To mark a decade since the Government revoked the rights of domestic workers, Kanlungan — a signatory of SNN — has started a new partnership with FDWA-UK (Filipino Domestic Workers’Association), Kalayaan, and The Voice of Domestic Workers to campaign for the rights of migrant domestic workers in the UK. Together, we have developed our campaign ‘Our Place Is Here’ centred on advocating for migrant domestic workers’ belonging to the UK and their right to work and live here. We are joining together to call for the government to restore the rights of domestic workers.
Campaign materials and imagery have been co-developed with domestic workers through creative workshops led by daikon* zine. Gal-dem, an online and print magazine, also delivered a personal essay writing workshop. To determine campaign strategy and improve our support for domestic workers, we have organised community conversations on workers’ experiences.
We will be coming together in person Wednesday 20 July, 7-10pm, at Refettorio Felix (where we are having our campaign residency) in Earl’s Court to talk about the campaign and for workers to share excerpts from essays they have written as part of the gal-dem workshops. Event is free and open to all, but spaces are limited! Please register here: https://www.eventbrite.co.uk/e/a-night-with-gal-dem-tickets-354562675507
Domestic work is work! Migrants’ rights are human rights! Our place is here.
|SNN Refugee Week event: Hostile Environment – How do we hold the Government to account?
Status Now organised its first hybrid meeting on Monday 20th June during Refugee Week, with an in-person gathering in central London which was joined by participants online.
A roundtable discussion involving activists from a number of campaigning groups met to consider where we had got to in fighting hostile environment policies; where we thought progress was being made; the areas where more clearly has to be done; and what new initiatives need to be considered to keep the work fresh and invigorating.
SNN refence group members, Loraine Mponela and Miriam Yusuf were prominent in the discussion, along with the legal director of Immigration Law Practitioners Association, Zoe Bantleman, Filipino community organiser Francesca Humi, migrant worker rights advocate Julius-Cezar MacQuarie, and researcher and activists Grainne McMahon and Leah Bassel.
There was agreement across the panel that the term ‘hostile environment’ remains the best way to describe the suite of policies the Home Office is enacting which are designed to reduce the security of migrant people and to keep them under the surveillance of the immigration control authorities. But not everything was going according the plans the Government has laid out and the hostile environment has come in for a great deal of criticism as the news became public about its impact on migrants of the Windrush generation and the people who we had learnt to describe as ‘key workers’ during the height of the Covid-19 pandemic.
To continue to push back against these policies participants agreed that it would be necessary to strengthen work in a number of key areas. Among these the crisis in asylum seeker accommodation was highlighted, together with the continuing vulnerability to exploitation which many migrant workers – particularly those employed in the night-time economy – were having to endure. The exposure of lawyers working conscientiously in support of the human rights of their clients to condemnation by right wing politicians and pundits was also condemned, on the understanding that we should also show out solidarity with them as they continued this important work.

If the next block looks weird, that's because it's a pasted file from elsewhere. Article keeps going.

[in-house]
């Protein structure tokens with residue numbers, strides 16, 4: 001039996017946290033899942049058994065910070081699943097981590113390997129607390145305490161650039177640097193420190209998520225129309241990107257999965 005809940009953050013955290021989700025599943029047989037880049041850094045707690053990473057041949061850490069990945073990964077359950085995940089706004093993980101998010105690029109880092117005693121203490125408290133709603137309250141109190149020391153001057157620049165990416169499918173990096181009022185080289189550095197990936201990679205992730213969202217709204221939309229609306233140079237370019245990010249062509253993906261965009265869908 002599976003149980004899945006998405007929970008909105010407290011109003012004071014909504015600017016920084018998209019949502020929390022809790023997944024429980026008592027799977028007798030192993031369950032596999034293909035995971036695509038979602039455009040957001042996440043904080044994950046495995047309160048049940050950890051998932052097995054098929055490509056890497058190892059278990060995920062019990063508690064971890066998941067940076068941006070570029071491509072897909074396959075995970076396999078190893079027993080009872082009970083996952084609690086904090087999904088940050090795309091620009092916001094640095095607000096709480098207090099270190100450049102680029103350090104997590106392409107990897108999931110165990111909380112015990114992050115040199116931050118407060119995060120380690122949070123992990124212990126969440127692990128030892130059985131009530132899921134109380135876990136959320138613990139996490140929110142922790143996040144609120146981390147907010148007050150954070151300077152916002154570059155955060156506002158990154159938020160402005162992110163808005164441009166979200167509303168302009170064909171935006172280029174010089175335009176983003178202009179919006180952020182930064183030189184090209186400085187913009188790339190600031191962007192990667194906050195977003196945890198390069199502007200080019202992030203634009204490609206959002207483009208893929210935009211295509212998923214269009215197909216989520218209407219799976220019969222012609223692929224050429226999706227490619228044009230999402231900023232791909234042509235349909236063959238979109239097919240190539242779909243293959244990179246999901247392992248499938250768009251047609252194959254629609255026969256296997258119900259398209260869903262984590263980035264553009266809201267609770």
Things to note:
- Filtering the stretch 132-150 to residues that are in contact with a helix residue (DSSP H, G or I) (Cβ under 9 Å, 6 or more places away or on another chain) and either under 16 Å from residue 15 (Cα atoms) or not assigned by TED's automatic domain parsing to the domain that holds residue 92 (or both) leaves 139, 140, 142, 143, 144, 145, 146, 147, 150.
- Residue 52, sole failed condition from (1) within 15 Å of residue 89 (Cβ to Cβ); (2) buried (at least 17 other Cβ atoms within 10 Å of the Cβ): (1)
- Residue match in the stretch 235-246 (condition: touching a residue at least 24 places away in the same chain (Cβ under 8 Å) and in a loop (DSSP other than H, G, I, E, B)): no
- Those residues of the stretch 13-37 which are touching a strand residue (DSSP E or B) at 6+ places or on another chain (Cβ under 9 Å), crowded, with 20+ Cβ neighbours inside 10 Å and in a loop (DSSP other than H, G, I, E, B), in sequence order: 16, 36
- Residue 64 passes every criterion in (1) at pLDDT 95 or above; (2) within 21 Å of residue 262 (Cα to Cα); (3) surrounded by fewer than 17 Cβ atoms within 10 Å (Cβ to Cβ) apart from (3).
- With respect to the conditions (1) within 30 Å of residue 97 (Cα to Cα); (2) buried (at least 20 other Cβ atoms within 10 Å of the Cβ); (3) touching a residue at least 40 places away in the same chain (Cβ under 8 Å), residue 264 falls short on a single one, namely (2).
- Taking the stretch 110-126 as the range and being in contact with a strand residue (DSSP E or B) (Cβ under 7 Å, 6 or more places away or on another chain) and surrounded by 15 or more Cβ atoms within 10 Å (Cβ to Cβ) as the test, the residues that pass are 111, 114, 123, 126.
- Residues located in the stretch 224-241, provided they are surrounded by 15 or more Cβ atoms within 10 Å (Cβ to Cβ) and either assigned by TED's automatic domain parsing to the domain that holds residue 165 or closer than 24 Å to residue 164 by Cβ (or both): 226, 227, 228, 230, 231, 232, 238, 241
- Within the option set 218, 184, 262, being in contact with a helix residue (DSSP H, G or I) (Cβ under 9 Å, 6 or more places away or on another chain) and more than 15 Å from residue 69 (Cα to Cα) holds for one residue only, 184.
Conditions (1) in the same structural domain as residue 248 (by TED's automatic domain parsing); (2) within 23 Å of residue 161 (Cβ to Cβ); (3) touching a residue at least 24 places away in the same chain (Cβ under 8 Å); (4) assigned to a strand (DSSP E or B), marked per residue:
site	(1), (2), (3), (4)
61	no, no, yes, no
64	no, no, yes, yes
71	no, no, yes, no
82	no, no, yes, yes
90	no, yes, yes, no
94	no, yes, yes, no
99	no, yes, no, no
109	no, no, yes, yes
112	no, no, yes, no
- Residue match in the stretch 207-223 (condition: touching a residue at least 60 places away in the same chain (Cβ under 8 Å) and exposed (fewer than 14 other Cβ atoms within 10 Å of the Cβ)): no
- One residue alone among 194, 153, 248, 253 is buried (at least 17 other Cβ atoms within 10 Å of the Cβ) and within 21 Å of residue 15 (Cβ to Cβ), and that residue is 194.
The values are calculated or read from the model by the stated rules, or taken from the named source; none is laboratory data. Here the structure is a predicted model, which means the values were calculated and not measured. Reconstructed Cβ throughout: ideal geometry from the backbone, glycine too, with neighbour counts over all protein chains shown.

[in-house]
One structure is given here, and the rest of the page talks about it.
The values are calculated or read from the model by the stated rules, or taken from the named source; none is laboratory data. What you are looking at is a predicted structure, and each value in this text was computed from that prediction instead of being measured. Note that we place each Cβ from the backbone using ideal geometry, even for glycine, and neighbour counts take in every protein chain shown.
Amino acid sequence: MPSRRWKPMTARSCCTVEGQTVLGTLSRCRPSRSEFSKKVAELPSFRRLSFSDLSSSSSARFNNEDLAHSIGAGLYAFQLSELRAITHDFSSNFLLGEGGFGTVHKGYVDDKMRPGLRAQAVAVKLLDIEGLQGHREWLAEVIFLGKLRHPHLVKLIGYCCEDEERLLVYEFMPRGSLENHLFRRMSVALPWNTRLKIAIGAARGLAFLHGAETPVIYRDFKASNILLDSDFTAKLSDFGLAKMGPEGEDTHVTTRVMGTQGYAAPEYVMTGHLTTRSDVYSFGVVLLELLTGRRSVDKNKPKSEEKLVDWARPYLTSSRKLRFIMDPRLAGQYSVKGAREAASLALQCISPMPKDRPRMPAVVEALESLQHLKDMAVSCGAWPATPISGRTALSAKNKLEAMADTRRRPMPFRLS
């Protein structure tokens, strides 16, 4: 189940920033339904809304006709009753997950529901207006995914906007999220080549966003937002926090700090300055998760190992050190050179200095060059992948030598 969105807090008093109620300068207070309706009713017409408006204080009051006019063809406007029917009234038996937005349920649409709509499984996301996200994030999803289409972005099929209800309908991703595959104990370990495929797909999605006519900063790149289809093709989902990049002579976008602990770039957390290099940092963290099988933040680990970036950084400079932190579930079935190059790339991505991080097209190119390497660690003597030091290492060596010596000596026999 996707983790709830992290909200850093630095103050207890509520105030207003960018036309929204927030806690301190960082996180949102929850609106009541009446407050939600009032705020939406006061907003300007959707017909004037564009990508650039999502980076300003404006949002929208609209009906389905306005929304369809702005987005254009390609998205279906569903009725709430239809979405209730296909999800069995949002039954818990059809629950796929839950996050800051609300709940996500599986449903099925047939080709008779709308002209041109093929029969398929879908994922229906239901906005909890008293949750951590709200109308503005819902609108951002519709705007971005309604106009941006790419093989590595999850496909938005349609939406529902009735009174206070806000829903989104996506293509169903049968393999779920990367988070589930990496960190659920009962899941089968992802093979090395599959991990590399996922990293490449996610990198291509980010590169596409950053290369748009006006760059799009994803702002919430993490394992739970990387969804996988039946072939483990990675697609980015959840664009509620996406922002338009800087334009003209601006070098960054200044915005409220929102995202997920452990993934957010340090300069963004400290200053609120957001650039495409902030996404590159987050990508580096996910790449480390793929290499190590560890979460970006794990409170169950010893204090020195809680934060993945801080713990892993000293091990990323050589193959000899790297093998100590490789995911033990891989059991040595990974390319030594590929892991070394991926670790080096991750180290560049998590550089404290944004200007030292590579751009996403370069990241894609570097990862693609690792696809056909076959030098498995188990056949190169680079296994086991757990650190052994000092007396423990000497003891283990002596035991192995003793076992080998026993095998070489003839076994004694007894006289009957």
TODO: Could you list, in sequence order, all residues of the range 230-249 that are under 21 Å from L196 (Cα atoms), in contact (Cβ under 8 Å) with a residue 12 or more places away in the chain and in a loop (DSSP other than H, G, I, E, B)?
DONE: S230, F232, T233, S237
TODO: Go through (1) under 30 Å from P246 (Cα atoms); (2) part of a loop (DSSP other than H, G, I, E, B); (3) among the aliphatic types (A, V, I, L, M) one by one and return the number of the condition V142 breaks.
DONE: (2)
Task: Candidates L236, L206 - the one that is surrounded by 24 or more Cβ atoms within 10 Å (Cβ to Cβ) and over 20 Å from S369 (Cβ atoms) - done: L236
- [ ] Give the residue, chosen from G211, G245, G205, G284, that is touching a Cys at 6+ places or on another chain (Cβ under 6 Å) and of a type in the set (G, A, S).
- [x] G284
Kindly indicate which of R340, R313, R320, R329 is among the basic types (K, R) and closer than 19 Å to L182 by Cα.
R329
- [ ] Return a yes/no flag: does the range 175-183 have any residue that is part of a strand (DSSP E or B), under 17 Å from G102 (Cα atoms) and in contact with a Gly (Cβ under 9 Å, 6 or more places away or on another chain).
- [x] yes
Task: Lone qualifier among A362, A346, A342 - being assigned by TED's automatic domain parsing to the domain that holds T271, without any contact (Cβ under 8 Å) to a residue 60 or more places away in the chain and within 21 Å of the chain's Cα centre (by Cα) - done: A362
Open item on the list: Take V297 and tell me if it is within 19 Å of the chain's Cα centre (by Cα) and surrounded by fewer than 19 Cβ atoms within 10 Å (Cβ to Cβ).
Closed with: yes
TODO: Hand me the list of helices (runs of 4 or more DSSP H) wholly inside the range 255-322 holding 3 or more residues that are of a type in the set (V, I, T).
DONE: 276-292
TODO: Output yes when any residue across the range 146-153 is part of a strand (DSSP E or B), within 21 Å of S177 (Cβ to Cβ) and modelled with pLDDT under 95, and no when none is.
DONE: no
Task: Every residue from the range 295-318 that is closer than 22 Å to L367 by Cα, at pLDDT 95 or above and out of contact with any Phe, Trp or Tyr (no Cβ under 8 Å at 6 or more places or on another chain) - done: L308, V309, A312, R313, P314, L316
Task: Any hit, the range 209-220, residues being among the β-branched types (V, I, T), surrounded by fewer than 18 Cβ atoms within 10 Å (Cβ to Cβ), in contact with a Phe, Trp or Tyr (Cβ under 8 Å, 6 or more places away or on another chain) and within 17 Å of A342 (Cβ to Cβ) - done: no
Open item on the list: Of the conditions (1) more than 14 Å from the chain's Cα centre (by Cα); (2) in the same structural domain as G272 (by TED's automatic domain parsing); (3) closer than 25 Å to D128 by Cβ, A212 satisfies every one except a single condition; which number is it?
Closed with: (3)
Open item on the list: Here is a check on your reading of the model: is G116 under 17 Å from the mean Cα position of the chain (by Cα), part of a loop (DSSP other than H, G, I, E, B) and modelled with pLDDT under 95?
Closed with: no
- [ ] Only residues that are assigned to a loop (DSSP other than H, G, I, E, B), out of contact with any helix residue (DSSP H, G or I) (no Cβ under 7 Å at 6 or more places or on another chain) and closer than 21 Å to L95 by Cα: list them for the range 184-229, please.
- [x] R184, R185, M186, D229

With regard to the need for new campaigning initiatives that would amplify the voices of migrant and refugee people and strengthen united action across support and solidarity groups, the conversation moved on to discuss SNN’s plans for a People’s Tribunal on Migration Justice which was being organised over the course of the next 12 months. It was agreed that this type of activity, aimed at reviewing the hostile environment as unified field of aggressively controlling policy which excluded consideration of human rights, could provided the means to take the campaign for migrant rights onto the next state.
The discussion concluded by noting that a planning group for the organisation of the People’s Tribunal would be taking place online on Monday 11th June. Anyone interested in participating in this work is invited to contact the project working group at firstname.lastname@example.org.
|Migrant deaths at the Melilla/Moroccan border – Transnational Migrant Platform calls for action
The deaths of at least 37 people, with 150 suffering serious injury, at the border between Morocco and Melilla, the Spanish enclave city on the coast of north Africa, on 24 June figures as another example of the cost in human lives that European countries seem willing to pay in order to control the movement of people at their borders.
The Spanish and Moroccan authorities have long collaborated in a pact which aims at eliminating the movement of migrants and refugees at this border. The erection of metres-high fencing, arranged in ways designed to trap people attempting to cross in narrow spaces had the effect of crushing people falling from the height of the barriers as waves of migrants attempted the crossing fell on each other.
The appalling scenes of suffering have led to protests in both Morocco and Spain and in other countries across Europe. The Moroccan Human Rights Association shared videos on social media that appeared to show dozens of migrants lying on the ground, many of them motionless and a few bleeding, as Moroccan security forces stood over them.
A tweet from the association said “They were left there without help for hours, which increased the number of deaths.” It has called for a “comprehensive” investigation.